Guest Commentary: Factories Need to Collaborate for Future Success

Nathan Oostendorp believes manufacturers have to collaborate and learn from each other to stay competitive.

Nathan Oostendorp is a successful open-source entrepreneur living in Ann Arbor, Mich. He is the founder of Ingenuitas, a company that uses Open Source software to improve quality control in manufacturing.

He shares his thoughts on why he thinks the future of manufacturing depends on factories working together to improve their industry.

As we soul-search for what manufacturing needs to reinvent itself, there is a light in the darkness. We can look to a sector that has drastically impacted the way we live and communicate.

Mobile devices, online social networks, and the Internet have changed the way we interact — but they also show us a new, more open, way to innovate in manufacturing.

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Companies like Google, Apple, and Facebook created immense value for their shareholders and users. But one thing they have in common, is they have all used open innovation, often in the form of Open Source software, to bring products to market quickly and cheaply.

Open Source is software and code that’s freely distributed over the Internet.  This lets people use it in their own way.

There would be a lot fewer web companies if it still cost $10,000 for a server and the software to run it, like it did in the early 90’s. Today it costs a few bucks, if you pay anything at all.

Walk in a factory today, there’s a lot of computers being used on the floor.  But they’re usually expensive and you can’t upgrade them yourself. With an Open Source system, anyone could make improvements as they adapt them to their needs for safety, quality control and data management. The result would be something that’s low-cost and creates a lot of value.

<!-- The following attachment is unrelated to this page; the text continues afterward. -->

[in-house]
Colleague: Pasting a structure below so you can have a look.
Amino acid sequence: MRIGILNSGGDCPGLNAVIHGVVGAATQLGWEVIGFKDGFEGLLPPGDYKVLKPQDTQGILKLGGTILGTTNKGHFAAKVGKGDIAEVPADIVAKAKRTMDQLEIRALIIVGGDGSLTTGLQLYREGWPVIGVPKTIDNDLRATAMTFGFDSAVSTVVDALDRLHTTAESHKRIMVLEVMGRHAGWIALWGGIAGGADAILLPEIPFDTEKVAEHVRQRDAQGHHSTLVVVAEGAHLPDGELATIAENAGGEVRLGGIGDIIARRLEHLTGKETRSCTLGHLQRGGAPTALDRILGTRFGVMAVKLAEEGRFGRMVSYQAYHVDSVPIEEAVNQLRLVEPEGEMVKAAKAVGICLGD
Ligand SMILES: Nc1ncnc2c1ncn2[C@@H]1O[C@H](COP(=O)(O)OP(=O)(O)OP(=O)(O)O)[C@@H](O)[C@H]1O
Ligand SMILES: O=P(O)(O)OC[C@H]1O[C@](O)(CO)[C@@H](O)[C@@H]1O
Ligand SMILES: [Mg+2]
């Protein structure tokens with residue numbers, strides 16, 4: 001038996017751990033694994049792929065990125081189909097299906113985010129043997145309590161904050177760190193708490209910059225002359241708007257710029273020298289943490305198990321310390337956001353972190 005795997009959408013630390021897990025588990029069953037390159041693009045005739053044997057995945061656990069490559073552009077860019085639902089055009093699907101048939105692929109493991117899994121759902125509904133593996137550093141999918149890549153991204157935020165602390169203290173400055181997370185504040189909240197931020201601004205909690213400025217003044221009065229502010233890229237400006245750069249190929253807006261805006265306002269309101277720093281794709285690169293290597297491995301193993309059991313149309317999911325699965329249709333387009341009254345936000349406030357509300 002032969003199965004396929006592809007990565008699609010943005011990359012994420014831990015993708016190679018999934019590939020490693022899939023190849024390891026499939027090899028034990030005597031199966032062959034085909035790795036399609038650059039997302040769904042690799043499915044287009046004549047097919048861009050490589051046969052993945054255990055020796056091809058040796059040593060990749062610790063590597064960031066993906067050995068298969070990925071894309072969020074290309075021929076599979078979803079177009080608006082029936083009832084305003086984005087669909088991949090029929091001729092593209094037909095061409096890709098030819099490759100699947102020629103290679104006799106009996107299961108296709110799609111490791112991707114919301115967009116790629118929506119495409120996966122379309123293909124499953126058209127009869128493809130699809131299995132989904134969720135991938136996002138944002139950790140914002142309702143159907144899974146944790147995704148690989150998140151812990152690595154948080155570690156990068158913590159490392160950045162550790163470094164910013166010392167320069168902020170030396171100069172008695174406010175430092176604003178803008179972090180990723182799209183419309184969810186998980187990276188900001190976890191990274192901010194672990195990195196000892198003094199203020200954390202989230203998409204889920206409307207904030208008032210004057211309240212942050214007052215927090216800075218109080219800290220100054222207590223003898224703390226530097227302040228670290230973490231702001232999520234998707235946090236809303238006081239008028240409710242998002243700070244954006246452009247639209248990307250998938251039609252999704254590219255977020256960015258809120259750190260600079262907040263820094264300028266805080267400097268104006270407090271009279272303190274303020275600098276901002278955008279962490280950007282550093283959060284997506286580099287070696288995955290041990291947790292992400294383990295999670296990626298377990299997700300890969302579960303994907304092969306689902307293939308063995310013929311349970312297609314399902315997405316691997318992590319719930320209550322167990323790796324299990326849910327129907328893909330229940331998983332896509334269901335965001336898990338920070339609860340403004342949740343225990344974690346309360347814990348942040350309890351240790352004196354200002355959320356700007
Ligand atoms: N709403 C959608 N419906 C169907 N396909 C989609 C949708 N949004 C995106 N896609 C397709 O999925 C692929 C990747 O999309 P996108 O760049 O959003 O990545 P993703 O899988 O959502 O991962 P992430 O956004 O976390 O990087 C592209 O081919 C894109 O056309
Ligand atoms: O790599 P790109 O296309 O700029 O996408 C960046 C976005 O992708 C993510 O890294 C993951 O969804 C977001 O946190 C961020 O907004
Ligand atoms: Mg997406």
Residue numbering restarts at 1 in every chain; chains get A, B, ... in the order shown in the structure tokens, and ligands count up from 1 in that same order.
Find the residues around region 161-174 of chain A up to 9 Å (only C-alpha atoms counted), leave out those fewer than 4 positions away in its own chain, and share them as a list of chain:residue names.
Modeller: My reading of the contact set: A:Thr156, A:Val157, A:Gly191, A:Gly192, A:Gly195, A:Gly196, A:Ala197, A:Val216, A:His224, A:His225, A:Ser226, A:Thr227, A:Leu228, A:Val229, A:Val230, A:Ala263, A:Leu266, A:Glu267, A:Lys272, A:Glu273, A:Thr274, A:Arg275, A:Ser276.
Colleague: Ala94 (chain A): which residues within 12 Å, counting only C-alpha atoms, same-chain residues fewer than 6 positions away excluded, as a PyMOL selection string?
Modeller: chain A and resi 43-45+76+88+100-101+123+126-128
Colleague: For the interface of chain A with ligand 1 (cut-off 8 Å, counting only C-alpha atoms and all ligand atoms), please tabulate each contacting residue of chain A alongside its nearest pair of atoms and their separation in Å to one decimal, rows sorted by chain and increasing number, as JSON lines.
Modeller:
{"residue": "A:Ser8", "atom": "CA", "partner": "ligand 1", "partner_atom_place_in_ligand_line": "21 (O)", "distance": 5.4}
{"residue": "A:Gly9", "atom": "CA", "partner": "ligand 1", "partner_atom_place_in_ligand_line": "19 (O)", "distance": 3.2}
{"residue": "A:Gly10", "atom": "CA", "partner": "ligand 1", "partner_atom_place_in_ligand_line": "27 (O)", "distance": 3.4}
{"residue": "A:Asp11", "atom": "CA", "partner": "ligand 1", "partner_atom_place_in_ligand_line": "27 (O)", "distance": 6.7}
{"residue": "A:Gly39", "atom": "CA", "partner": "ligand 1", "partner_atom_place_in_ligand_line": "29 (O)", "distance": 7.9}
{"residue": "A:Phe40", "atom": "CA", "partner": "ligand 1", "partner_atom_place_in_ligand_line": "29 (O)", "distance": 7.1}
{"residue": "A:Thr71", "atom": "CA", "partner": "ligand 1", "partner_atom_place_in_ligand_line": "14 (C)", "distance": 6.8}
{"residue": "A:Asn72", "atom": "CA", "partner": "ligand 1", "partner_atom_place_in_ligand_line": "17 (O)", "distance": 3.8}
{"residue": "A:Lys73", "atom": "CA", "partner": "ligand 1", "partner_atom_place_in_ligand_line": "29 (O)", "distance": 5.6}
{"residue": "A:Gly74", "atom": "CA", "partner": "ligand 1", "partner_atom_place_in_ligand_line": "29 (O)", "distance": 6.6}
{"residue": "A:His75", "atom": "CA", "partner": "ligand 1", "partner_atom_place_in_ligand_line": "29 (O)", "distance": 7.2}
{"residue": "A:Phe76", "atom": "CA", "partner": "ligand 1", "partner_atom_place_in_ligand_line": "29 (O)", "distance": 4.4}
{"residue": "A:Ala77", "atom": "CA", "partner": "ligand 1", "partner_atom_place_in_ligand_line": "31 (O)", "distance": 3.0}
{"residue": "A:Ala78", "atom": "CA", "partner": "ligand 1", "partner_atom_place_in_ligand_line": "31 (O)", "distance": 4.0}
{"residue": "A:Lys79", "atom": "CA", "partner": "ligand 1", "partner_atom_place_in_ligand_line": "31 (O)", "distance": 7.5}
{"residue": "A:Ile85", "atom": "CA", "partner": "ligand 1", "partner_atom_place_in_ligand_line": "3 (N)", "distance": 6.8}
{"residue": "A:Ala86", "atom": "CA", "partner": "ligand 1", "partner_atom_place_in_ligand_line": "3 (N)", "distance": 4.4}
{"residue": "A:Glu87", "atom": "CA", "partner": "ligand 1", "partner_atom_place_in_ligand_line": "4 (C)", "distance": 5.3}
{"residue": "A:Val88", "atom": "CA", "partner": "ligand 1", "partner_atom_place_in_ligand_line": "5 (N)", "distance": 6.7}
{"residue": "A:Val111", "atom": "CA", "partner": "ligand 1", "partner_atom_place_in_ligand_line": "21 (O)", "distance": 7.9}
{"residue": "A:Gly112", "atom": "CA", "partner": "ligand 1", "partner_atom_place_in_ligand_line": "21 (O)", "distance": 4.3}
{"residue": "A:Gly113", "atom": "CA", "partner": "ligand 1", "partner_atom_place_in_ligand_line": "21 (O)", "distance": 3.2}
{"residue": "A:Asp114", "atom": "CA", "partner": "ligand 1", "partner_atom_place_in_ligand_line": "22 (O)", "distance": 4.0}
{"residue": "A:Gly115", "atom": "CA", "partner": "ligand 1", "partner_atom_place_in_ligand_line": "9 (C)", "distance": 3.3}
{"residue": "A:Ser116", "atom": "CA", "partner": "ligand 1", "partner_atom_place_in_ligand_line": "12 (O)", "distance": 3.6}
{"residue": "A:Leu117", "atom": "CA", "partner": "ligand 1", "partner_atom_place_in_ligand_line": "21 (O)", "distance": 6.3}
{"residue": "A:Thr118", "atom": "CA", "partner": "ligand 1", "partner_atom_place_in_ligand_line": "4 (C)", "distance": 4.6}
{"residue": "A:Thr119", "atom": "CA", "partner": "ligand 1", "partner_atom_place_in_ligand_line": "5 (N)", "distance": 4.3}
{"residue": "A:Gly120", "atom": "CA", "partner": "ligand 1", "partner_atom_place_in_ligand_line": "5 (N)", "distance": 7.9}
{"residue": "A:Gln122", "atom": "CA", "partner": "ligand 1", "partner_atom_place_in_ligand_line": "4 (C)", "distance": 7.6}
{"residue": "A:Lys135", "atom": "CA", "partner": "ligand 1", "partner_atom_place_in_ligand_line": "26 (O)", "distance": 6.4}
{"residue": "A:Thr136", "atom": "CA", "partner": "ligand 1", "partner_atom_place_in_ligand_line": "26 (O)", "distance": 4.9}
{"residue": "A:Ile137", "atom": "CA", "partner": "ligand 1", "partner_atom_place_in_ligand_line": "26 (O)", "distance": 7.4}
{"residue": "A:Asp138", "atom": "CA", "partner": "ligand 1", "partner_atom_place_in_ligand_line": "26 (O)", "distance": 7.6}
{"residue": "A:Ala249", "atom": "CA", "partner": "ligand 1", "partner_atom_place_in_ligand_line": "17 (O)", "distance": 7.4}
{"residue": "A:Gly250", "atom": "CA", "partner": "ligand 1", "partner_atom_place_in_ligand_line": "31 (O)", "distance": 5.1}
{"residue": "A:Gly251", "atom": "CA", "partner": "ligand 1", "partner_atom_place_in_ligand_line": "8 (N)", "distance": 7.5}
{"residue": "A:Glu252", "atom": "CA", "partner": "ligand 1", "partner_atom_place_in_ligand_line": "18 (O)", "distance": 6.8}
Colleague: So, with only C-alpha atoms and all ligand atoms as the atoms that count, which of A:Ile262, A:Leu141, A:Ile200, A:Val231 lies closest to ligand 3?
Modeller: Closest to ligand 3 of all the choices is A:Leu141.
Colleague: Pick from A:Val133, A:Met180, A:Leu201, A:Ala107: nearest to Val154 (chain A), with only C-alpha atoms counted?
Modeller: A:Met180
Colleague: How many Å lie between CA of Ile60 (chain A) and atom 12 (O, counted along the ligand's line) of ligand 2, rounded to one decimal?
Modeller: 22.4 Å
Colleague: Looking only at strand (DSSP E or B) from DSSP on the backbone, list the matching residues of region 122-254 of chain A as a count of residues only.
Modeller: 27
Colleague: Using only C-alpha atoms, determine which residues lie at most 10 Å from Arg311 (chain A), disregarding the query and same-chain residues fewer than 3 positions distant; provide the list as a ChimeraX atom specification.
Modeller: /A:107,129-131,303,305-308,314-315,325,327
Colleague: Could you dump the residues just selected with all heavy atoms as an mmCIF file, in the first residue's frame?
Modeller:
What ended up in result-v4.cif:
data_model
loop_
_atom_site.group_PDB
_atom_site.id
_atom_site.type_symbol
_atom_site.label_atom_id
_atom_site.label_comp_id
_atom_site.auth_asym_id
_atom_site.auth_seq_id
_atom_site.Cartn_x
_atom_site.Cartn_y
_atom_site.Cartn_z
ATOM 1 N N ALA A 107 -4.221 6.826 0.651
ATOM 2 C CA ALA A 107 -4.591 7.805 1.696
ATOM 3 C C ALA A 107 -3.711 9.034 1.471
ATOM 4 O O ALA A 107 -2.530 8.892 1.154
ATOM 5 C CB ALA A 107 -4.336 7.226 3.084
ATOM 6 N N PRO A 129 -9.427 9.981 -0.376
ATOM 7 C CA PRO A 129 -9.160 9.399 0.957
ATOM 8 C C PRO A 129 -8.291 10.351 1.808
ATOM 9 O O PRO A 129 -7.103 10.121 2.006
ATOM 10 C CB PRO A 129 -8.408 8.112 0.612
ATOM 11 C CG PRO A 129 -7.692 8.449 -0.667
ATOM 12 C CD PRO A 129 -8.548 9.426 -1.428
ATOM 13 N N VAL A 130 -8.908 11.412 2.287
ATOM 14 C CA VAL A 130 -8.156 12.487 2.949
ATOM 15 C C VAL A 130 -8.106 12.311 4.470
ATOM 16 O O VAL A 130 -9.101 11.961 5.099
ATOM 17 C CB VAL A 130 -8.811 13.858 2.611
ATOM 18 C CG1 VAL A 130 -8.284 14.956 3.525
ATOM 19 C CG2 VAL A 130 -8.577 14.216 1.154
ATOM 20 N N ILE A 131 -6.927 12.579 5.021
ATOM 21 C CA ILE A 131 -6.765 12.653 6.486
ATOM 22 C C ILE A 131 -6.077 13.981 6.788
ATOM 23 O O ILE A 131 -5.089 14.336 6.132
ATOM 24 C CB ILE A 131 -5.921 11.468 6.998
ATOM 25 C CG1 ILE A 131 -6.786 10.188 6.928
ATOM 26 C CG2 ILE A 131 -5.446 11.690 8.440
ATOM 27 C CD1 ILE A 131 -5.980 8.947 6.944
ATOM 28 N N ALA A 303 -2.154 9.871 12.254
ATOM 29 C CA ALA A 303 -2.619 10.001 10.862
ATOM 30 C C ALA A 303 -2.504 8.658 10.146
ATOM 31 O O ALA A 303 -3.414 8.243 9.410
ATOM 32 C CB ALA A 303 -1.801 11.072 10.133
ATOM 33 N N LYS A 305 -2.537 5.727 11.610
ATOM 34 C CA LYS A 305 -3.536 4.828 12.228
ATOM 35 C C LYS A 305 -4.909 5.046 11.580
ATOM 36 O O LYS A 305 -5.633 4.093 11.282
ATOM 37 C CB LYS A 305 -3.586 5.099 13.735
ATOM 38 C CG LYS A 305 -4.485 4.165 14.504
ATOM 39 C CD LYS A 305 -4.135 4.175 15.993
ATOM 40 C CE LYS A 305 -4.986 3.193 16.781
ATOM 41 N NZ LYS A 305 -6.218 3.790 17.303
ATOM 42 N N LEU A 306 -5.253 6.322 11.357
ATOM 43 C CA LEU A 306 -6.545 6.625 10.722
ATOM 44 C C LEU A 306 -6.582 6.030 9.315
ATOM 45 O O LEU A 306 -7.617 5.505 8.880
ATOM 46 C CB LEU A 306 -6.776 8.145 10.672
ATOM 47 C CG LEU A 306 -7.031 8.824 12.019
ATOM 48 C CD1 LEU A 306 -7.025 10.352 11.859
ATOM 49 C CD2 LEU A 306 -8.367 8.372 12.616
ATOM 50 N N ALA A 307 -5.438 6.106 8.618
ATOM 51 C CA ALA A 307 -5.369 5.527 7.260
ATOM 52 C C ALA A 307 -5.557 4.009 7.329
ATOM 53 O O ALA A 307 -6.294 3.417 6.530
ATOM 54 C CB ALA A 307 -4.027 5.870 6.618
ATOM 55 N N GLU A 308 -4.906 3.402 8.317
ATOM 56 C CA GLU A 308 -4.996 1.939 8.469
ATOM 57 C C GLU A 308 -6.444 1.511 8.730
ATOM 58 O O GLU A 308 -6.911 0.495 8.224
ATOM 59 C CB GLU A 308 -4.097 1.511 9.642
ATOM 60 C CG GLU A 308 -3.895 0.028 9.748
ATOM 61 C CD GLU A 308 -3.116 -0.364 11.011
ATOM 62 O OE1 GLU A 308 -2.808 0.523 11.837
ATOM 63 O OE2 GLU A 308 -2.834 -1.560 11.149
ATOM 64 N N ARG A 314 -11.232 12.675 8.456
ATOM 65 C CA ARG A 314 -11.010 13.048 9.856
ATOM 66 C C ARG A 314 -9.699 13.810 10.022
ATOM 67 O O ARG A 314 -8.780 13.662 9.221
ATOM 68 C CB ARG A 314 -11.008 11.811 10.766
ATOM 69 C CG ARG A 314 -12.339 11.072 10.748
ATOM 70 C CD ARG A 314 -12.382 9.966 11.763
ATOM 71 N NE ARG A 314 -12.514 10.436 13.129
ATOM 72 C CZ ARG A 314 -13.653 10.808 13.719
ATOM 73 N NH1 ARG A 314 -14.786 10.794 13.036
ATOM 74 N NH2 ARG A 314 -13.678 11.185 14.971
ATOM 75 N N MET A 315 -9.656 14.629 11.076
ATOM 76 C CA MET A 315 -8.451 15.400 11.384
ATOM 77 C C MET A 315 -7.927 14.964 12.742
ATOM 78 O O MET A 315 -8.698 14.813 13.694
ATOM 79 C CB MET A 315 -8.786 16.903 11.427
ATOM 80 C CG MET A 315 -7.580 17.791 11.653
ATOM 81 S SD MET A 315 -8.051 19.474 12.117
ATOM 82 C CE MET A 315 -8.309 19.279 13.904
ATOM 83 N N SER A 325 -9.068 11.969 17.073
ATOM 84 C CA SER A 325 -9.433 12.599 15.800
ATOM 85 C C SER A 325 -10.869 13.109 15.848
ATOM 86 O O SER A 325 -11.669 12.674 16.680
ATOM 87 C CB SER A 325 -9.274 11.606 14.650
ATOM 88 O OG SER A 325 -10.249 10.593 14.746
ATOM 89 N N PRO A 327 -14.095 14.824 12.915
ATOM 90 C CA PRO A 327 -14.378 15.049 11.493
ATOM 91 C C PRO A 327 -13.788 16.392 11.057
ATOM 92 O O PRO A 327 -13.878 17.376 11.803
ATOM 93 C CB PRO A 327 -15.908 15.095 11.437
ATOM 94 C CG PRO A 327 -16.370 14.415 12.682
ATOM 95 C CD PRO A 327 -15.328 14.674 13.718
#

If you want to see at what the future of manufacturing with open source could look like, go no further than the Maker Faire Detroit at the Henry Ford Museum.

The exhibitors, or “Makers”, figure out ways to manufacture their own designs, in a way that is very similar to Open Source: They publish designs for their prototypes. They use Open Source software and off-the-shelf hardware. They blog, and tweet every dead end and every small victory.

Sure, at the Maker Faire there’s dragon trucks, life-size games of mousetrap, and souped-up micro race cars – but they’ve also produced some pretty impressive machines – Open Source Computer Controlled Routers, Laser Cutters, and 3D Printers were all on display. All things used in manufacturing today.

Some are sold by as kits by profitable businesses, some are works in progress and many are merely extensively documented weekend projects. But these developers of “Open Hardware” and doing just what the Open Source Software hackers did, only with electronics and machines.

It may seem like a big leap from a few Open Source machines to a massive change in how things are made, but if you look automation’s history, big things can happen when entire industries decide to collaborate.

For 30 years Henry Ford’s automobile manufacturers association required automakers to share their patented innovations with each other, and the result was the golden age of Detroit.

Today, with our means of communication and the pace of global innovation, Open Source collaboration on automation technology represents a way for an entire sector to create much more value to their customers.

In the US, the era of manufacturing turning massive amounts of unskilled labor into a production system is over. Technology can move manufacturing towards an industry where the best innovators, not the cheapest workers, will reap the rewards.

This story was informed by the Public Insight Network.

 

 

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